Clarion Hotel Östersund (https://www.nordicchoicehotels.com/hotels/sweden/ostersund/clarion-hotel-grand-ostersund/), centrally located on Östersund’s main square, all amenities, good restaurant.
Sörbygården b&b (www.sorbygarden.se/English.html), quaint, countryside b&b with activities including horseback riding.
Where to eat:
Östersund has a number of good restaurants, including Jazzköket (www.jazzkoket.se), Arctura (with great views) and Republiken.
Keep bringing on the snow!
After a couple of days of fun and varied non-ski adventures, it’s time to pick up my skis in the afternoon. Much to my relief, I’m not hitting the slopes that day, as they close at 3pm when it starts getting dark, but at least now I have my skis ready for the following day.
I decide to head out in the evening and take a taxi from my on-slope hotel down to Åre town – £15 for a short ride, ouch! The taxi driver recommends Broken, as a nice place for a drink, but I step inside and immediately feel ancient compared to the rest of the clientele. It’s nice enough and not too busy, but certainly not the classy wine bar I had in mind. Instead I go for an Åre village walk in the snow, taking photos of the village still lit up with Christmas lights. A slightly tipsy man, wearing bright-pink ski gear, asks me if I want to take his picture too, but I decline. He is most offended, saying it would surely look great in any magazine…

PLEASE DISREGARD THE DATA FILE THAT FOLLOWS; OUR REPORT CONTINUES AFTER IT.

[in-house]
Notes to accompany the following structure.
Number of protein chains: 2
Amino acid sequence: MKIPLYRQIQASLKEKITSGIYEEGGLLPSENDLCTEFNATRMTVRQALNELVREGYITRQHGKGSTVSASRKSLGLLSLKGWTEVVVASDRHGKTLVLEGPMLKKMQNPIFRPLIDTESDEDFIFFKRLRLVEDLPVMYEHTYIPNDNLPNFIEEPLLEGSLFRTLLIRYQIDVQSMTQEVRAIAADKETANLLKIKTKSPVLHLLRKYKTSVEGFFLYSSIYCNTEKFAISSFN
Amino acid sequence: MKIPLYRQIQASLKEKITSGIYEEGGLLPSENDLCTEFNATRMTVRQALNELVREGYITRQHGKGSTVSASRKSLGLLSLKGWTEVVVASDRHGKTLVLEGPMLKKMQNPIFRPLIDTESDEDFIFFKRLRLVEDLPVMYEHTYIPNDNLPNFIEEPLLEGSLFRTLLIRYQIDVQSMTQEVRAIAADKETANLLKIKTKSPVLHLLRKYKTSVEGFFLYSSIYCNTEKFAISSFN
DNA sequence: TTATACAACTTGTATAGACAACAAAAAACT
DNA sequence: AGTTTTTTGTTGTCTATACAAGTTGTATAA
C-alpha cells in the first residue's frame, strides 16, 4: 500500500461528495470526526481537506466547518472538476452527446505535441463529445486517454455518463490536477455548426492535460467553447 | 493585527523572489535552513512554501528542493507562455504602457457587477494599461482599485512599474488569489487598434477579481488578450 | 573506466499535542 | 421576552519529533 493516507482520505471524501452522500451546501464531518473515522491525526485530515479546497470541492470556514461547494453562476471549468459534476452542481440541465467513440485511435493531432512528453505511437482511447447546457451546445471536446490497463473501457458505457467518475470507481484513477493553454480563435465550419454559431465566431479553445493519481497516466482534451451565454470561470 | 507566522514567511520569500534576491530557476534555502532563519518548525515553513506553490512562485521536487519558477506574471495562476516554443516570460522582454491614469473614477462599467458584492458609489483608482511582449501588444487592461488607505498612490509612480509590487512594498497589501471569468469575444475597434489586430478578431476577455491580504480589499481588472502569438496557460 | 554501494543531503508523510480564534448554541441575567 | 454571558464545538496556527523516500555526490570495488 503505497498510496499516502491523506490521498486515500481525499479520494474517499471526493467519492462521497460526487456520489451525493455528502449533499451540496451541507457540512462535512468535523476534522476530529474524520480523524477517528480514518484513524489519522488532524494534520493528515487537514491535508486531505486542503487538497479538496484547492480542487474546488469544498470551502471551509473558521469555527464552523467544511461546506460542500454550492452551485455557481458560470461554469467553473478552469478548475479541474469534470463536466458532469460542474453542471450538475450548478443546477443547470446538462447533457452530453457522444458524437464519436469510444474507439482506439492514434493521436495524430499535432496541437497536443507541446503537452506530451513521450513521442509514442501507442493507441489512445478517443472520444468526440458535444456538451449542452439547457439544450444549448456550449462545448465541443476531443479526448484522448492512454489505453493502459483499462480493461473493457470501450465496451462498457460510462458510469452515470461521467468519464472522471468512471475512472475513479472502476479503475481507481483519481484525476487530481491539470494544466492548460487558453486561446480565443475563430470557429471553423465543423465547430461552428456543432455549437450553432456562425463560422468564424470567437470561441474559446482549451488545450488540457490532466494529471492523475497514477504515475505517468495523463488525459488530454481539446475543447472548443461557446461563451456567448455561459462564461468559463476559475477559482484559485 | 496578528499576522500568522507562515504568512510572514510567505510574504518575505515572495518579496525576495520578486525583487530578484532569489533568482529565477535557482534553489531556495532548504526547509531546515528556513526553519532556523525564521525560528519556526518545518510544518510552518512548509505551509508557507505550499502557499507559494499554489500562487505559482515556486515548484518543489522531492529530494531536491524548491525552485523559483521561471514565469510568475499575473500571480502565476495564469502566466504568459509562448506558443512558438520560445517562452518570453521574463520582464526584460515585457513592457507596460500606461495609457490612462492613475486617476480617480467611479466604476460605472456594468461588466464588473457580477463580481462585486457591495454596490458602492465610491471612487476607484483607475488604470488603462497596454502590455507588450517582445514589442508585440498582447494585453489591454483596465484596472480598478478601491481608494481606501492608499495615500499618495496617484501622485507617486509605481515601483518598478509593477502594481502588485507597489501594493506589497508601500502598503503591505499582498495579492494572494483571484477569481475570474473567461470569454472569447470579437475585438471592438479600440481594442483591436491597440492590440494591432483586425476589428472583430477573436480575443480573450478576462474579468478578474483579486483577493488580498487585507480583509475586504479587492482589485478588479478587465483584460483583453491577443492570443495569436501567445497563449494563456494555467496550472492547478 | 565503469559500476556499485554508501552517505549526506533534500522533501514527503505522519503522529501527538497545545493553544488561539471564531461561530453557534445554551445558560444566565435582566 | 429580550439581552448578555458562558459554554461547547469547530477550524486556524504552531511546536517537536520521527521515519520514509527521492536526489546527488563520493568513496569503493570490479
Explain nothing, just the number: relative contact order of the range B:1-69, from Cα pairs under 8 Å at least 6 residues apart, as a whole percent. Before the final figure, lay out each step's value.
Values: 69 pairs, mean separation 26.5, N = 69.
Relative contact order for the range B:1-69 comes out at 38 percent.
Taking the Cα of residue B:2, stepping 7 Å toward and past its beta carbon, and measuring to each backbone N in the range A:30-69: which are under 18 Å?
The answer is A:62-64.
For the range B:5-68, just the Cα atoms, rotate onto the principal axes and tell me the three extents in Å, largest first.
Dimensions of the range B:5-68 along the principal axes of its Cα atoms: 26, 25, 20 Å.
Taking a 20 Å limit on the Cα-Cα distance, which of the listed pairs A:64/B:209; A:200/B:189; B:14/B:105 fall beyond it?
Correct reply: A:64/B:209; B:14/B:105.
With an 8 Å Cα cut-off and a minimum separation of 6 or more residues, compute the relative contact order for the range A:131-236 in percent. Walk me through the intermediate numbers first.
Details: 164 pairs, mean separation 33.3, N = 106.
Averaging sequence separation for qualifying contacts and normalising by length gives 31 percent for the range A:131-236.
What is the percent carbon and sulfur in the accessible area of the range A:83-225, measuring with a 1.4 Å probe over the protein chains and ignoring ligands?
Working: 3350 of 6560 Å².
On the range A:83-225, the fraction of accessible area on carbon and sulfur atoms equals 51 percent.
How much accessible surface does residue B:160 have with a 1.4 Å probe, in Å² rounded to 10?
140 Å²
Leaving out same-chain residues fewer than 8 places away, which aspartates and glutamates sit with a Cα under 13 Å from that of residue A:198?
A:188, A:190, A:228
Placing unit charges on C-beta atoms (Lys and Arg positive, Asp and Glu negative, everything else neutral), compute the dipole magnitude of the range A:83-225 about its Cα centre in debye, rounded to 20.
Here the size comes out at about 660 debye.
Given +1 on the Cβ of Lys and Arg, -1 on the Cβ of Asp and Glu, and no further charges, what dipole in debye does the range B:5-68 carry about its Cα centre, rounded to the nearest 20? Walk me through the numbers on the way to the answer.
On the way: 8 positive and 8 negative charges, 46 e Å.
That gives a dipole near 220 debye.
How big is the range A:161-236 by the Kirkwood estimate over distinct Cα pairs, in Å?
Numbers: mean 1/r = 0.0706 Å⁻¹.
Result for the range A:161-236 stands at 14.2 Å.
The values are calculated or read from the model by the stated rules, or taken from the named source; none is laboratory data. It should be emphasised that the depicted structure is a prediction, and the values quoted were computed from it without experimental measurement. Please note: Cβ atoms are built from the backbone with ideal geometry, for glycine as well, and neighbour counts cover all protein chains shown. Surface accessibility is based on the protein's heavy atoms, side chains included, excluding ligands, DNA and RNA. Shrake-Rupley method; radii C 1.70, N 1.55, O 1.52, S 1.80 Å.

In the end, I opt for Wersén’s (http://wersens.se/) for a glass of wine before dinner at Vinbaren, inside Åregården hotel (http://vinbaren-are.com/). The evening, which got off to a slow start, then turns a bit epic. My specialist waitress, Bree from Victoria, Vancouver Island, speaks good Swedish and clearly knows her food. She puts together a taster menu of 9 dishes and copious amounts of wine that have me nibbling and sampling for hours. I’m feeling adventurous and try the sweetbread with onion cream, capers and bay leaf, the charred salsify with trout roe and the slow-cooked pork belly with pumpkin and feta cheese, among many other tasty tapas-sized dishes.
The following morning, it’s time to get my skis on – I’m heading off-piste for the first time (https://www.skistar.com/en/inspiration/skiexperiences/are-off-piste-intro/). Sadly, the weather is on the foul side – high, piercing winds and heavy, icy snowfall. I opt for wearing as many layers as I’ve brought, including both of my ski pants on top of each other and a very good choice that is too. Looking suspiciously like the Michelin man – perhaps also something to do with last night’s food intake – I pick up my skis from the hotel storage. I’m supposed to be doing a whole avalanche preparation course off-piste, but with weather this bad, it mostly gets snowed off. Still, I get kitted out with a rucksack that straps on between my legs, around my waist and chest. A bit fiddly, but then I’m ready to get the lift and head up into the wilds.